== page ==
Particularly useful are amido substituted tertiary fatty amines. Such amines, useful herein, include stearamidopropyldiethylamine, stearamidoethyldiethylamine, stearamidoethyldimethylamine, palmitamidopropyldimethylamine, palmitamidopropyldiethylamine, palmitamidoethyldiethylamine, palmitamidoethyldimethylamine, behenamidopropyldimethylamine, behenamidopropyldiethylamine, behenamidoethyldiethylamine, behenamidoethyldimethylamine, arachidamidopropyldimethylamine, arachidamidopropyldiethylamine, arachidamidoethyldiethylamine, arachidamidoethyldimethylamine, diethylaminoethylstearamide. Also useful are dimethylstearamine, dimethylsoyamine, soyamine, myristylamine, tridecylamine, ethylstearylamine, N-tallowpropane diamine, ethoxylated (with 5 moles of ethylene oxide) stearylamine, dihydroxyethylstearylamine, and arachidyl behenylamine. These amines are typically used in combination with an acid to provide the cationic species. The preferred acid useful herein includes L-glutamic acid, lactic acid, hydrochloric acid, malic acid, succinic acid, acetic acid, fumaric acid, tartaric acid, citric acid, L-glutamic hydrochloride, and mixtures thereof; more preferably L-glutamic acid, lactic acid, citric acid. Cationic amine surfactants included among those useful in the present invention are disclosed in U.S. Pat. No. 4,275,055 to Nachtigal, et al., issued Jun. 23, 1981.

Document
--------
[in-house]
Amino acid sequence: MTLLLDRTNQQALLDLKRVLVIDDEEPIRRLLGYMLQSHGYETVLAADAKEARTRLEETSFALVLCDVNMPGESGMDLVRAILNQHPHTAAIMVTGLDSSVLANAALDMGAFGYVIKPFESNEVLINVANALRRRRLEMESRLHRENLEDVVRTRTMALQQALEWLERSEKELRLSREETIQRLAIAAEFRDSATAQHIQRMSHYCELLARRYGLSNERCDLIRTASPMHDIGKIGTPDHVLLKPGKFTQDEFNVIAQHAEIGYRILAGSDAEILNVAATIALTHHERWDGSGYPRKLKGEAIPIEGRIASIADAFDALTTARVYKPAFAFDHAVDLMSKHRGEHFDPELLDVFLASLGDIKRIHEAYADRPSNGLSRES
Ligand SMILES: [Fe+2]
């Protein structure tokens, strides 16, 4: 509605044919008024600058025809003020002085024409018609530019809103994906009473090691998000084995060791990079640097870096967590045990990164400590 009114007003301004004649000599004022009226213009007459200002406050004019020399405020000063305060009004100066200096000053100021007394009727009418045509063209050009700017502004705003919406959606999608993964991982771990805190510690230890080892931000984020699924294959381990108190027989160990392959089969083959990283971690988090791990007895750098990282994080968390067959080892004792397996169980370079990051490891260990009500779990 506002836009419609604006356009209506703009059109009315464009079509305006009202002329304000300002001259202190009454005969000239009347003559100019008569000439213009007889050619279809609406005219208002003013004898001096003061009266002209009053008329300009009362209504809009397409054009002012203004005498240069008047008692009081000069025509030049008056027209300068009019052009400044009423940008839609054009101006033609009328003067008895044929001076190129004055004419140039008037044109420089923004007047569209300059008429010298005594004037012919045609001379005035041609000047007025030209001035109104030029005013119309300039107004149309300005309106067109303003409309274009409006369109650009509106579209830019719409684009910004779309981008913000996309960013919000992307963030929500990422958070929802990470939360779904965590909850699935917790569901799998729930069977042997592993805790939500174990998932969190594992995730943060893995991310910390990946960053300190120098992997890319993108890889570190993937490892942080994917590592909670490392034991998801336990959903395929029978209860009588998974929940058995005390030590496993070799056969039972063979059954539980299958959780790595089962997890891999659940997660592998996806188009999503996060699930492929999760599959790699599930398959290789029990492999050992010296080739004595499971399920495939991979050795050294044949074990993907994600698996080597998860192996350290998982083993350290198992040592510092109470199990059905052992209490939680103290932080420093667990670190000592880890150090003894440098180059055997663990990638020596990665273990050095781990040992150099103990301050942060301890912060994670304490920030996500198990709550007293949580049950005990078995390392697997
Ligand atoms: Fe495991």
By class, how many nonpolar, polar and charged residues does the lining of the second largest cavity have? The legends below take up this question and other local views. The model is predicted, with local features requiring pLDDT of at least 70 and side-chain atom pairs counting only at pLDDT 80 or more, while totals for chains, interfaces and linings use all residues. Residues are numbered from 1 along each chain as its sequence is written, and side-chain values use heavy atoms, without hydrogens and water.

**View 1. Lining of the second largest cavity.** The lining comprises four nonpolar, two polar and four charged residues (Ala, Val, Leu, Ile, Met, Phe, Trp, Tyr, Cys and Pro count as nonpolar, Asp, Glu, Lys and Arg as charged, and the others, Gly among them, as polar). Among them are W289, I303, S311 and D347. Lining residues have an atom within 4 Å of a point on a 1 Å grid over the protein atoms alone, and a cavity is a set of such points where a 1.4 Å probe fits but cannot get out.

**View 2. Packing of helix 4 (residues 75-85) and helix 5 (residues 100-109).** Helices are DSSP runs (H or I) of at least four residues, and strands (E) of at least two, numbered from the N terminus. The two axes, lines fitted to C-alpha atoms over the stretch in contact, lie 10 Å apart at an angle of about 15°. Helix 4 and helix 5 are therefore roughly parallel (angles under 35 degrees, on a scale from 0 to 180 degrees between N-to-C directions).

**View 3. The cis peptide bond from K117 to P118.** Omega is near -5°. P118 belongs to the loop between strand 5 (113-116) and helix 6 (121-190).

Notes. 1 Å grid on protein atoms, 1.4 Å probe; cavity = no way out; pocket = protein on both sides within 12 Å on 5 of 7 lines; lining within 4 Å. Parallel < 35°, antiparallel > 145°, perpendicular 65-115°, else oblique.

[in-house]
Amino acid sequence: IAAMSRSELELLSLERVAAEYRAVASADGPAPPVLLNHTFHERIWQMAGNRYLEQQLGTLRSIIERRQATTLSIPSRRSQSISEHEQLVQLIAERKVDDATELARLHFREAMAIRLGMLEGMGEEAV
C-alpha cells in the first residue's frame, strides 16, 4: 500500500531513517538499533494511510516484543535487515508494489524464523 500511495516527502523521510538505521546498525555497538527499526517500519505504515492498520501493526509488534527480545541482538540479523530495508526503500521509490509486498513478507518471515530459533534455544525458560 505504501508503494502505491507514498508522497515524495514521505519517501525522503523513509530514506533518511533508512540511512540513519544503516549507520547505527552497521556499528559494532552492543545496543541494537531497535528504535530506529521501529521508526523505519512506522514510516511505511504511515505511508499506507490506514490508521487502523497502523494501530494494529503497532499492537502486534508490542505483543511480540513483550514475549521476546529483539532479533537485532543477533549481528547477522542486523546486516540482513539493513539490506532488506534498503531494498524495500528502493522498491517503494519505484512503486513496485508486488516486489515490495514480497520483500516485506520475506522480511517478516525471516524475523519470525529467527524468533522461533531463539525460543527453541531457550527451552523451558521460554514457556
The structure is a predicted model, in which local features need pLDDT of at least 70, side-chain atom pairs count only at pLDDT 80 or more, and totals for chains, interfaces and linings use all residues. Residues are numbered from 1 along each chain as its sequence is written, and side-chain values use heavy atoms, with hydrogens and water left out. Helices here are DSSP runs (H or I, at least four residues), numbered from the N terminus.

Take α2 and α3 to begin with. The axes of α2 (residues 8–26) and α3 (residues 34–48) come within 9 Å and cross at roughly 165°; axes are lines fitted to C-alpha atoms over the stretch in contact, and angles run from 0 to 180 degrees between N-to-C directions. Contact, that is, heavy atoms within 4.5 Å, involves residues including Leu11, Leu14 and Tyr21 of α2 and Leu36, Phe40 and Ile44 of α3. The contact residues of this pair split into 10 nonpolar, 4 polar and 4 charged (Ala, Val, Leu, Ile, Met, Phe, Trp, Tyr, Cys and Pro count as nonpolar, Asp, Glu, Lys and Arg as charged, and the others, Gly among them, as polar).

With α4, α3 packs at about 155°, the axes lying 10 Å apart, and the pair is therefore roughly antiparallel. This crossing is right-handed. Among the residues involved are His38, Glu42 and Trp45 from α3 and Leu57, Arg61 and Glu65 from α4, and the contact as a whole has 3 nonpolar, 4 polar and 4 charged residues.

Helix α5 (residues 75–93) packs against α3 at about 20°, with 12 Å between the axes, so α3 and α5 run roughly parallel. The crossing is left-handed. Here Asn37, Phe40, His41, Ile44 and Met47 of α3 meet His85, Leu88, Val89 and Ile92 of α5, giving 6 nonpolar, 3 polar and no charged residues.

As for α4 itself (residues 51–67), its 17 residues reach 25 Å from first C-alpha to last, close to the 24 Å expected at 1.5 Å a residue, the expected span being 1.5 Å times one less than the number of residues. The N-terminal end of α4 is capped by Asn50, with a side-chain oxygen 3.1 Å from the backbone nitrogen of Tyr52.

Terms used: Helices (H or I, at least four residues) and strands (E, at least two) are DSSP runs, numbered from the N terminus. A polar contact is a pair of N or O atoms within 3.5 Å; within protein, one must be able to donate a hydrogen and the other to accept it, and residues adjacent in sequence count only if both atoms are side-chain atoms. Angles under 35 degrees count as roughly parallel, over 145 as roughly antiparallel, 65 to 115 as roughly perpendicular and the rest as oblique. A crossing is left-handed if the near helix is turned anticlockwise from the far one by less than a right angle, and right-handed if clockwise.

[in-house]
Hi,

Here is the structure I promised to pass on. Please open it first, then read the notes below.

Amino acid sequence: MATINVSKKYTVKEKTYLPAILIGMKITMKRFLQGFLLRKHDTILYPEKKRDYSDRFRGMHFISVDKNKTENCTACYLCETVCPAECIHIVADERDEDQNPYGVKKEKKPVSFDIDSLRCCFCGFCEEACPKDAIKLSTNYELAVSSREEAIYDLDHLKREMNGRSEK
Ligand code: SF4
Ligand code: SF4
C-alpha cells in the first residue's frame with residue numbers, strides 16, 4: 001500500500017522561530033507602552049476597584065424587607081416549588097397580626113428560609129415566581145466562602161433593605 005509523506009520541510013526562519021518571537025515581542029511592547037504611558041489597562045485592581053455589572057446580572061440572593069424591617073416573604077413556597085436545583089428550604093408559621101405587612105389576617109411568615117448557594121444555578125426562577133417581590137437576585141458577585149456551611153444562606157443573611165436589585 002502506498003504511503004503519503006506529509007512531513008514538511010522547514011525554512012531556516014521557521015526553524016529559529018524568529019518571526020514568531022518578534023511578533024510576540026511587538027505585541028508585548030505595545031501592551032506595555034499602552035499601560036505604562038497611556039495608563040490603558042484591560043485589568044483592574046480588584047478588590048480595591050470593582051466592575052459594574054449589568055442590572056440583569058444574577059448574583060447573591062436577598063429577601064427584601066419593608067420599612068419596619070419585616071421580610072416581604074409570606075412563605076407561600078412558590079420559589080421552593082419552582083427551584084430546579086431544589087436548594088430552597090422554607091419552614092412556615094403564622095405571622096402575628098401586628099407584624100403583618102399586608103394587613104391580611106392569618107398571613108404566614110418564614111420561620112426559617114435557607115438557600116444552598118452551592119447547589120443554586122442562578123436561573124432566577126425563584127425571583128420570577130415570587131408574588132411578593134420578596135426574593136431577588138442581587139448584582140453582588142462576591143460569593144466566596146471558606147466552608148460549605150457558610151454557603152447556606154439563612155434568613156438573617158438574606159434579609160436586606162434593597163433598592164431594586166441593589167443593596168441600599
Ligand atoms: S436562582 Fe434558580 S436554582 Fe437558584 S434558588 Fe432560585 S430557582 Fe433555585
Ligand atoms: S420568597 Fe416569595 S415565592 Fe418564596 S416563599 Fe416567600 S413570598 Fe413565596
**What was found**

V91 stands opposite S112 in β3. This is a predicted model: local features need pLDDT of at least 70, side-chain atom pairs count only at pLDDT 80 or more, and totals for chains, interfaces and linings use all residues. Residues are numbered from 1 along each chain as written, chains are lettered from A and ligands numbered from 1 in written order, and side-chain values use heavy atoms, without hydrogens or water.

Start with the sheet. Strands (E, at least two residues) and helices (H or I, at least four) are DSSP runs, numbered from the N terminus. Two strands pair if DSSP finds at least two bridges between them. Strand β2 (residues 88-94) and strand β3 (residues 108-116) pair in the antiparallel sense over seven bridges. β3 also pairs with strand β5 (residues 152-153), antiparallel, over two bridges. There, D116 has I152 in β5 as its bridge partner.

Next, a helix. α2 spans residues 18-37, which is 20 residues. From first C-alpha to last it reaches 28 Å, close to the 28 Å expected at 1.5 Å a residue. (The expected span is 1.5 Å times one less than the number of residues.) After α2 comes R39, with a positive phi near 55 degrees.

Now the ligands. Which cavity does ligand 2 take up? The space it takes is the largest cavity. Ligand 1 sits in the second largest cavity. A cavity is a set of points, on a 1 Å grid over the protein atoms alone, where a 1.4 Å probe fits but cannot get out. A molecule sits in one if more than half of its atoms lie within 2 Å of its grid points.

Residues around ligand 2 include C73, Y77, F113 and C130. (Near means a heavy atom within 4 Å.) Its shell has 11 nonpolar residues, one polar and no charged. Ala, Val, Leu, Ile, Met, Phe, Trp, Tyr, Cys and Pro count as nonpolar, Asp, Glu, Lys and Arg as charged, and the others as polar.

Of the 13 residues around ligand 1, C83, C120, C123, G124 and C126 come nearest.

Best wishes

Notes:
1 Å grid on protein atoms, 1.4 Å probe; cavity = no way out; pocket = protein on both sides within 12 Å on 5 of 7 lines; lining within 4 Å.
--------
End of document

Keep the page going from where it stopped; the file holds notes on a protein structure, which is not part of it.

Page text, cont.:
The molar ratio of protonatable amines to H+ from the acid is preferably from about 1:0.3 to 1:1.2, and more preferably from about 1:0.5 to about 1:1.1.
In the conditioners of the invention, the level of cationic conditioning surfactant is suitably from 0.01 to 10, preferably from 0.05 to 5, more preferably from 0.1 to 2 percent by weight of the total composition.
Hair conditioner compositions according to the invention preferably additionally comprise fatty materials.
By “fatty material” is meant a fatty alcohol, an alkoxylated fatty alcohol, a fatty acid or a mixture thereof.
Preferably, the alkyl chain of the fatty material is fully saturated.
Representative fatty materials comprise from 8 to 22 carbon atoms, more preferably 16 to 22. Preferred fatty materials include cetyl alcohol, stearyl alcohol and mixtures thereof.
Alkoxylated, (e.g. ethoxylated or propoxylated) fatty alcohols having from about 12 to about 18 carbon atoms in the alkyl chain can be used in place of, or in addition to, the fatty alcohols themselves. Suitable examples include ethylene glycol cetyl ether, polyoxyethylene (2) stearyl ether, polyoxyethylene (4) cetyl ether, and mixtures thereof.